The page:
Getting frustrated


#1

Am new to this forum, and relatively new to coaching youth pitchers.

We have a team of mostly 8 yr olds, who are pitching for the first time. First half of our season is machine pitch, and last weekend was first kid pitch game.

I’ve been working with the pitchers most of the season to get them ready, and now we have seen them pitch in two games. I have no real prior coaching experience, but pitched from age 7 until age 22, and have been a good student of the game.

We’re focusing on the fundamentals… throwing strikes, and using the proper mechanics. We’re so far struggling on both ends. I know they don’t succeed overnight, but want to get them on the right track, and need some expert advice.

Main thing is the kids aren’t using what they learn (and do properly) in practice for the games. Most of them are pushing/aiming the ball versus just throwing it to the mitt… and are only throwing half the speed I know they are capable of throwing

I know velocity isn’t important at this age, but many of the pitchers are throwing rainbows in the games. I have a big kid who throws some heat, but babies the ball to the plate during games… part of this is confidence, and part of it is he doesn’t want to hurt anyone.

So… with that being said, any advice you can give me? Main thing is i want them to apply what they learn in practice, but in the game they turn into a completely different pitcher… and not in a good way.

Thanks in advance!


#2

Plenty of 10 yo’s I see still do the same. Gun it in practice and and try to place it in the game.


#3

my kids 12 throwing about 62 at home about 54 in games good luck i have no advice to ya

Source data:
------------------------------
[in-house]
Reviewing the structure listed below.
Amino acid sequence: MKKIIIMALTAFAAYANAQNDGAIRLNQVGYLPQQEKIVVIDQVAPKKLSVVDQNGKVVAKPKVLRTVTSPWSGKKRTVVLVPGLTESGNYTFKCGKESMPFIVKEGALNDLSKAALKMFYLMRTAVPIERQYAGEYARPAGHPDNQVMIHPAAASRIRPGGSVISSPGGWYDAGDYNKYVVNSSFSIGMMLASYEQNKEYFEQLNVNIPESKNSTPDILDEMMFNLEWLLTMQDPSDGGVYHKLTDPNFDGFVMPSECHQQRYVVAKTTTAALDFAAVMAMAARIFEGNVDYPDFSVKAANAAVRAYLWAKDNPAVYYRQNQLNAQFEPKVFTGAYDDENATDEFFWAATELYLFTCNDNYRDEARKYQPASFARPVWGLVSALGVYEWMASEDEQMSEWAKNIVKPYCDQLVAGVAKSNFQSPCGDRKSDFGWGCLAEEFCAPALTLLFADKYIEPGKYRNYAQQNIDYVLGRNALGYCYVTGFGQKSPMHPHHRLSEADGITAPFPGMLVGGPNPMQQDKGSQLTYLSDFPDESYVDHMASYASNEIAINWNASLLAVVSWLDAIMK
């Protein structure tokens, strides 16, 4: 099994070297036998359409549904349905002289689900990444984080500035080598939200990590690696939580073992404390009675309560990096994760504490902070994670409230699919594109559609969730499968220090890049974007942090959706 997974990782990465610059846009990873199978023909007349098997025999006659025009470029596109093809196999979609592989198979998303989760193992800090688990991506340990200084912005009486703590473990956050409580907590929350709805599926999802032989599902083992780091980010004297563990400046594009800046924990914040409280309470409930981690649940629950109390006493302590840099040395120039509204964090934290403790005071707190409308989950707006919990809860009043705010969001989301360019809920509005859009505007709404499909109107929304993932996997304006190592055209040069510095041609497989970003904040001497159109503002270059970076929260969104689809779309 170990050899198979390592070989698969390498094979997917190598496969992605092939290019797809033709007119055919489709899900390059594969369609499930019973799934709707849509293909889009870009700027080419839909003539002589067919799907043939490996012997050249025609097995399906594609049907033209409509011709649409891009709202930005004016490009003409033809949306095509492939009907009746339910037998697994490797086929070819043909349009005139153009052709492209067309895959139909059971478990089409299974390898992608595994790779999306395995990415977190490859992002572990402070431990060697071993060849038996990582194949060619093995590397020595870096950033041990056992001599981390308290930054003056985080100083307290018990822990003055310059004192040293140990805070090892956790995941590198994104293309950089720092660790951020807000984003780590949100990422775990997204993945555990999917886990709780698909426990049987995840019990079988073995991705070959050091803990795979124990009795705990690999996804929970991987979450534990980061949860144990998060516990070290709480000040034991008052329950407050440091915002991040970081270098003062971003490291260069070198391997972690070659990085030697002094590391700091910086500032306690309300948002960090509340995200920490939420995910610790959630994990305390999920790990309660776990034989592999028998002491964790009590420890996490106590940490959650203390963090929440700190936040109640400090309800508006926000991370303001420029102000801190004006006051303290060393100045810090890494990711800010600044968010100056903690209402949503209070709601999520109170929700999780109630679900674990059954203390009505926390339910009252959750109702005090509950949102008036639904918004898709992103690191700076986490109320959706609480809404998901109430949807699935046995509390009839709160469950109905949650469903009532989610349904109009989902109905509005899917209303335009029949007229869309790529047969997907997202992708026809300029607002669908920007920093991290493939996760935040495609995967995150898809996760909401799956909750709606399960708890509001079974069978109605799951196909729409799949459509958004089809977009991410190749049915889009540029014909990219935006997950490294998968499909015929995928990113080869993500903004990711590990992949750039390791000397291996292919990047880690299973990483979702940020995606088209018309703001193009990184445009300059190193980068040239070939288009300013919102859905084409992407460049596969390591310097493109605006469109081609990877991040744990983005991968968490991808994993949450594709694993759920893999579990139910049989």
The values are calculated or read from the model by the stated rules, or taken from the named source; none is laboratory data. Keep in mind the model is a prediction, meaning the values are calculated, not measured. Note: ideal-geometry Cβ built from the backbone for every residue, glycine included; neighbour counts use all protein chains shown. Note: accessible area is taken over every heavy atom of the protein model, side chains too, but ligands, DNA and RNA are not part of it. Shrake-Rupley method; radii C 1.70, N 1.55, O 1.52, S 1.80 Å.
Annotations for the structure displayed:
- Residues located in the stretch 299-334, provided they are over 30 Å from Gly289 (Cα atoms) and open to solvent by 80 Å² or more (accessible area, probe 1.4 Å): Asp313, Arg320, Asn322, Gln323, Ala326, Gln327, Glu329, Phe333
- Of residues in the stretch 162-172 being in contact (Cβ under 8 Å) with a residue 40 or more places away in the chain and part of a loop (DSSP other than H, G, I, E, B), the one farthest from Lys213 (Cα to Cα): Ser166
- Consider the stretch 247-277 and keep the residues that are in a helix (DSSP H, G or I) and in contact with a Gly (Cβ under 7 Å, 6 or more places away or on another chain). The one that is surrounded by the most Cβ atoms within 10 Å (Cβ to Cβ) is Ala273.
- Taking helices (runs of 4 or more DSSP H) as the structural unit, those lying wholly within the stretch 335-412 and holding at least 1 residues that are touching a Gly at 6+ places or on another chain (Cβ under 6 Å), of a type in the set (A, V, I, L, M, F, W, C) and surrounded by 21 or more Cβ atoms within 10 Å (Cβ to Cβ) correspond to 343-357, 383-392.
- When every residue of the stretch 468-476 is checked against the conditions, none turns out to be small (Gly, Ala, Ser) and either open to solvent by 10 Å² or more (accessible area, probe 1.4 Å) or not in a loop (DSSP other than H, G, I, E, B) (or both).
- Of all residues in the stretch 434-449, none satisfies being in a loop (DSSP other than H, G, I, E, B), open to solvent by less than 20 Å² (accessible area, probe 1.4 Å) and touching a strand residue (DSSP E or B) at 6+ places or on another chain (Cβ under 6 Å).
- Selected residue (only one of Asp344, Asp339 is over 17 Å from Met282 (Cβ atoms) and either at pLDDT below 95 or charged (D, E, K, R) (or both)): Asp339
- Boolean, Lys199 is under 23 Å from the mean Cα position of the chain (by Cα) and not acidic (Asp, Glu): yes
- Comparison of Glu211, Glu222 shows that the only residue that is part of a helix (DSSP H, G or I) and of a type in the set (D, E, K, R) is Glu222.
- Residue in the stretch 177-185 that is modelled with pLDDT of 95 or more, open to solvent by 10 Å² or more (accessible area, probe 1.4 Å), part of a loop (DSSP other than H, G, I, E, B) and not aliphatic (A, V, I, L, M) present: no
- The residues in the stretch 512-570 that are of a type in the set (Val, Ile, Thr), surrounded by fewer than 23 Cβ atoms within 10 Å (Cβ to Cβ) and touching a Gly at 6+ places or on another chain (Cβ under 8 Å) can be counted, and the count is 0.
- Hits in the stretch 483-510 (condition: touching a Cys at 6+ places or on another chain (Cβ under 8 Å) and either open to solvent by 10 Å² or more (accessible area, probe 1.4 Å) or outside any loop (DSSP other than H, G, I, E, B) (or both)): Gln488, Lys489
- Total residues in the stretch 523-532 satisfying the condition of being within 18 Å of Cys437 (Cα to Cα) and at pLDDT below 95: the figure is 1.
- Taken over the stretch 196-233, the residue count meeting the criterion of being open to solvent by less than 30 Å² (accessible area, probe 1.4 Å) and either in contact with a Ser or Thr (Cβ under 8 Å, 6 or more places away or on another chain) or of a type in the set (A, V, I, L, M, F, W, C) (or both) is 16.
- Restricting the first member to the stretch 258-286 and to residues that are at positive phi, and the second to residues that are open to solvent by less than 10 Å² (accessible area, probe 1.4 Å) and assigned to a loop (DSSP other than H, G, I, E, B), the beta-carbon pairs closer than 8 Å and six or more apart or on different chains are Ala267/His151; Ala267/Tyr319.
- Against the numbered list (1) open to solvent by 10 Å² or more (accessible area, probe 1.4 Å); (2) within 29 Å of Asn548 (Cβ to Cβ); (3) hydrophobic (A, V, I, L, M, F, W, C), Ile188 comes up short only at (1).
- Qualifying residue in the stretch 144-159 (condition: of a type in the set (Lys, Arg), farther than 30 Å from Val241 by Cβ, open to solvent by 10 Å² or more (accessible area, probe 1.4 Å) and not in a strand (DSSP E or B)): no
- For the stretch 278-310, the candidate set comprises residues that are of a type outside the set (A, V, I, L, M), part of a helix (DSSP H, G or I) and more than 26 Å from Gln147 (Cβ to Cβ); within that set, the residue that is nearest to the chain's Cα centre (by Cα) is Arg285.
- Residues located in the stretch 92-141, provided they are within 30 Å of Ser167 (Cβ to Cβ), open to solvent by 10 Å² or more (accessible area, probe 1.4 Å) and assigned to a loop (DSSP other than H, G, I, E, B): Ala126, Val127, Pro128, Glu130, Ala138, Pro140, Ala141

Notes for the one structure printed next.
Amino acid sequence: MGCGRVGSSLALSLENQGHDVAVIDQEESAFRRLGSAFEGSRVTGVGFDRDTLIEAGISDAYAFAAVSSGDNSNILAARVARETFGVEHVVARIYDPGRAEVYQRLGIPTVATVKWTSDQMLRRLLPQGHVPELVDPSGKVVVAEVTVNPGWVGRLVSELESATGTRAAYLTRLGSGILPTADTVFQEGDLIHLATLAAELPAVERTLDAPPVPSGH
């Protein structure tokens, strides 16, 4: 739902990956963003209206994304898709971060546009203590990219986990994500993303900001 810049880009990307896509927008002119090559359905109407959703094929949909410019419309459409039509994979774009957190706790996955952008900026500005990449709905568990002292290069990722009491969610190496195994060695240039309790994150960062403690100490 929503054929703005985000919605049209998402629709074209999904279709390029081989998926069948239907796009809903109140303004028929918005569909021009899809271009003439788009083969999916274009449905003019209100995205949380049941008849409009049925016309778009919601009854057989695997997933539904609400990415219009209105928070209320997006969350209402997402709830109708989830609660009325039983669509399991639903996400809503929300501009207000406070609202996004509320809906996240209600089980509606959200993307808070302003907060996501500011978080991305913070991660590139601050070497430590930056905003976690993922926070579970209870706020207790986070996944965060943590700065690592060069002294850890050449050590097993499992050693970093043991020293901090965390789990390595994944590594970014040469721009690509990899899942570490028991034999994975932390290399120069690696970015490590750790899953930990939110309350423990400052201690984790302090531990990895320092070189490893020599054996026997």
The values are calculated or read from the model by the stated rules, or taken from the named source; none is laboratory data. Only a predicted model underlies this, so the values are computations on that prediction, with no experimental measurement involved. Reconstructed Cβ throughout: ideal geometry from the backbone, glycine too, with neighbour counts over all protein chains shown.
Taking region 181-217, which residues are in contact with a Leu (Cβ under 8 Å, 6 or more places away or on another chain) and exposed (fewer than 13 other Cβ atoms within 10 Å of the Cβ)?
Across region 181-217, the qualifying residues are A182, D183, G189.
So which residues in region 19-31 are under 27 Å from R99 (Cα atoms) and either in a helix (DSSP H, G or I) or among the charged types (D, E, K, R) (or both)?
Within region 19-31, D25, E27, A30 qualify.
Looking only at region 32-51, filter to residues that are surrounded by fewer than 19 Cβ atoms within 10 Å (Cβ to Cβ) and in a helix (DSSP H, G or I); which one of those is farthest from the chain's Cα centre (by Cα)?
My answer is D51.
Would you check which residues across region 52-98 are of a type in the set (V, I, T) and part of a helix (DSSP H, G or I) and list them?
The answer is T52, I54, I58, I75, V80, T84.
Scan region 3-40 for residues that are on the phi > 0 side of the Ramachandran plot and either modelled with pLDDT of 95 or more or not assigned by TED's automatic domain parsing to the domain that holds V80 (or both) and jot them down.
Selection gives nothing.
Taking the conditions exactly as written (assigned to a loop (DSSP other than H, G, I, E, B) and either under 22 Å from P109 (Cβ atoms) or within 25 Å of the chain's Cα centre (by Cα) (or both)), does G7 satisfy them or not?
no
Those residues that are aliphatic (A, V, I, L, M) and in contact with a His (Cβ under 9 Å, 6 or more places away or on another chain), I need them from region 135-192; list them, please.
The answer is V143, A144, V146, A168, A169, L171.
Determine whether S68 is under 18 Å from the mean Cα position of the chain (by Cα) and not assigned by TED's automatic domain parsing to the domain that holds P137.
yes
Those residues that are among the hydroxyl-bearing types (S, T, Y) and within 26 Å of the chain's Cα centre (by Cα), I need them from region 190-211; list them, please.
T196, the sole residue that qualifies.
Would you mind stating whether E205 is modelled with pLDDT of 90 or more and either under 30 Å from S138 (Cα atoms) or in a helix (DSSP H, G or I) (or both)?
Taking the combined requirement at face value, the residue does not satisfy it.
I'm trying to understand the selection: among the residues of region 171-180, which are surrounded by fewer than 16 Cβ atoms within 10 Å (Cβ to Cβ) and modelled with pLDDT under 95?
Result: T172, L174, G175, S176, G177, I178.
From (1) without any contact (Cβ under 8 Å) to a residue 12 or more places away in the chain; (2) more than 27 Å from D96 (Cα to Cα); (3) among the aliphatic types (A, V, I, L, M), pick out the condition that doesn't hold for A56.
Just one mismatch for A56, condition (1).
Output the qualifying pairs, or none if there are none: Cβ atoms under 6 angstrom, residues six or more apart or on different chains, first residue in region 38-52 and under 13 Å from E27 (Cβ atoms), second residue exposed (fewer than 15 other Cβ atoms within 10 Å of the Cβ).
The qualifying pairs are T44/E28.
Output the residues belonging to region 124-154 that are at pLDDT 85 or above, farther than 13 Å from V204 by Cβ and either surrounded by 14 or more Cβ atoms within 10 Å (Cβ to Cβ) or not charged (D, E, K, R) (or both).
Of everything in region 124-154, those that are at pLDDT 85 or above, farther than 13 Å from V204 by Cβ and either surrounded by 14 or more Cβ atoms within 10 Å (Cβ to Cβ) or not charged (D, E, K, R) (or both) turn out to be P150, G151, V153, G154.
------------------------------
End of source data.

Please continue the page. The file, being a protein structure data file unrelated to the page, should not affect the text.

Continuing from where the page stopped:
#4

I have no idea what kind of mechanics you’re teaching so I’ll offer this. Pay attention to how fast the pitchers move their bodies in practice vs. game situations. I’d bet they slow way down in a game. So rather than focusing on a bunch of positions they may not be able to replicate in a game focus on establishing a consistent speed of movement in practice and games. In general too fast is better than too slow. Keep working on mechanics but don’t lose sight of how fast the body moves. If you focus on speed of movement you may find the mechanics fall into place.

Another suggestion would be to try to replicate game situations and conditions in practice- live batters with a catcher. Start with a hitter in the box and move the catcher outside off the plate- 2-3 feet off if you have to- and let the pitcher throw hard to the target. As he becomes more comfortable start moving the catcher in toward the middle of the plate. Again watch for a slow down in body speed or movement.


#5

Excellent suggestions from JP!

Also, make sure you give the kids permission to fail. I don’t mean outright telling them it’s ok. I’m talking about your body language and your reactions to their mistakes. Do you get on their case when they do? Or are you supportive. If the kids fear a negative response if they make a mistake, they will resort to what’s comfortable - they old ways. They’ll also play conservatively just trying not to make mistakes. Unfortunately, this takes away the fun and it stifles their development.


#6

I would de-emphasize just throwing strikes. I would keep encouraging them to throw hard and repeat their delivery and really focus on that. It is a process and often times coaches and parents worry about the result ball/strike and base their response on that which can lead to reinforcing bad habits.

I would also talk to the parents and encourage them to not coach from the sidelines and keep their comments positive. Comments like don’t lose him or just throw strikes or just let him hit it serve to create doubt in a pitchers mind. Encourage with comments like good delivery, good pitch if it just misses, keep throwing it etc will tend to reinforce good habits.